The idea behind the series is a good one. Kazuya Maeda gets given a camera by his dad, and that opens up a world of new possibilities to him at school. He joins a photography club, and forms new friendships with several different girls due to his enthusiasm for photography. The other members of his club are very funny: three perverted boys and a girl who has a knack for blending in stealthily with her surroundings. The first four episodes introduce all of the main characters and contain Maeda’s first encounter with each of his potential love matches, and then we get to the weirdly literal approach to the dating sim origins of the series. Episodes 5 and 6 focus on Maeda’s developing relationship with Haruka, his childhood friend who is gradually becoming something more. By the end of the sixth episode the series seems to have been resolved and I was very happy with the soppy romance… and then episode 7 starts and Maeda is going after a different girl. My wife was watching with me and said “he’s a bit of a player”, but no, it’s not that. The story branches off from a different point in the narrative for each of the remaining episodes of the series, and pairs Maeda with a different girl. These are eight different love stories, all featuring the same teenage boy. The whole series is a sequence of what-ifs. It’s a completely literal representation of the subject matter, and it nearly works.

The Haruka story arc is the best by far, and that’s because the story has room to breathe over a couple of episodes. There are flashbacks to when they are younger, and you end up really understanding the attraction between them and why there have been barriers to their relationship ever blossoming before. If you stop watching at the end of episode 6 then you’ve actually got yourself a really lovely short rom-com series, convincing and beautiful. But curiosity will get the better of you and you will want to keep going. Your enjoyment of the rest of the episodes is going to depend on how much you like each of the girls. The problem is that one episode is never enough for a love story to fully develop from beginning to end, so they tend to feel rushed. One or two of the episodes manage to transcend that problem to a certain extent, but the worst of them feel like a box-ticking exercise. At the more disappointing end of the scale we have the older girl who is the student council president, who never seems like a good match for Maeda, and also the cookery club girl who has very little to distinguish her as a character apart from being the one with the big boobs. At the other end of the scale there is the quiet girl who is forced to constantly change schools and is afraid to commit to friendships and then lose them, and my favourite (apart from Haruka): Mai Sakura, the friend of Maeda’s little sister in the year below him, who is trying to make the grade as a gymnast and needs Maeda to inspire her. Their story never quite progresses in the obvious manner, and they seemed like a lovely match for each other.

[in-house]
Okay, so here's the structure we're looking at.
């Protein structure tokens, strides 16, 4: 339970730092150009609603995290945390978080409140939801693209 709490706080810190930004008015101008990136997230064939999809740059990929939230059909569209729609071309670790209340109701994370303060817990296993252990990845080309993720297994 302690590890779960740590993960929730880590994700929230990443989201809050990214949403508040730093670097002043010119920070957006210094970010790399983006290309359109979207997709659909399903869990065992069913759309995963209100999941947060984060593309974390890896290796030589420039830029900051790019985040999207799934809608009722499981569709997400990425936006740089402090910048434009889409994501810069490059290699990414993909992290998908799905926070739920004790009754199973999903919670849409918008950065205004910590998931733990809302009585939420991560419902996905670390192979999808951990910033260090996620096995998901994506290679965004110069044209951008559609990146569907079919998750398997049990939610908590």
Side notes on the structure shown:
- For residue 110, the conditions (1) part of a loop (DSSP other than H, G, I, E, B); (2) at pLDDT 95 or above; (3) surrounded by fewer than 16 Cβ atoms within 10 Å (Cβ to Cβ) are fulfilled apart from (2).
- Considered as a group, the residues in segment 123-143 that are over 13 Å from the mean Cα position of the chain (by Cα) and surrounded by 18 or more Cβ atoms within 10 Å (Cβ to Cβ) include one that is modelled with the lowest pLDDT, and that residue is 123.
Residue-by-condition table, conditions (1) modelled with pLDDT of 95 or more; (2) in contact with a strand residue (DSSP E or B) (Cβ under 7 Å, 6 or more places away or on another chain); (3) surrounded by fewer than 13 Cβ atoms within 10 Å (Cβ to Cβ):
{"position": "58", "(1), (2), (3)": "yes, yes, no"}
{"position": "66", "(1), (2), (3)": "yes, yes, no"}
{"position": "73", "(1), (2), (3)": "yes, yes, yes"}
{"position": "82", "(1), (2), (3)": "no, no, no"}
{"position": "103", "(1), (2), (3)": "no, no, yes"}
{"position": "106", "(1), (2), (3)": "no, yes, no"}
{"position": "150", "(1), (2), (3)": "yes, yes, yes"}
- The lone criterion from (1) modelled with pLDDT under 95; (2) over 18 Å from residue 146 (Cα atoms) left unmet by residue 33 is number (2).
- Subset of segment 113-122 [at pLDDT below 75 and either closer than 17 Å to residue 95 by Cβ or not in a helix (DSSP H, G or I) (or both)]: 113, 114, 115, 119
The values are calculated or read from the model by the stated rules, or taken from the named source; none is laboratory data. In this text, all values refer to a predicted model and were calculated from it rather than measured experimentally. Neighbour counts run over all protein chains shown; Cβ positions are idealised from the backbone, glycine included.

If the current trend for an edgy incest storyline in anime bothers you then you will want to skip out the final episode, which ticks the final box with Maeda going after his little sister. There’s a twist in the tale, and it’s the same twist that justifies an incest storyline in just about every incest anime series ever made.

So the issues with this make it a tricky series to actually recommend, and yet the first six episodes are brilliant and a couple of the later episodes are really enjoyable as well. There are better harem anime series, and there are far more clever ways to deal with a dating sim adaptation than this bizarrely literal approach, but if you’re a fan of soppy romances like me then you probably won’t want to overlook a series that gives you eight of them. It also has an important message that some people might find quite inspirational. If you’re feeling lonely and lacking in friends, then taking up a new hobby might just change your life.   RP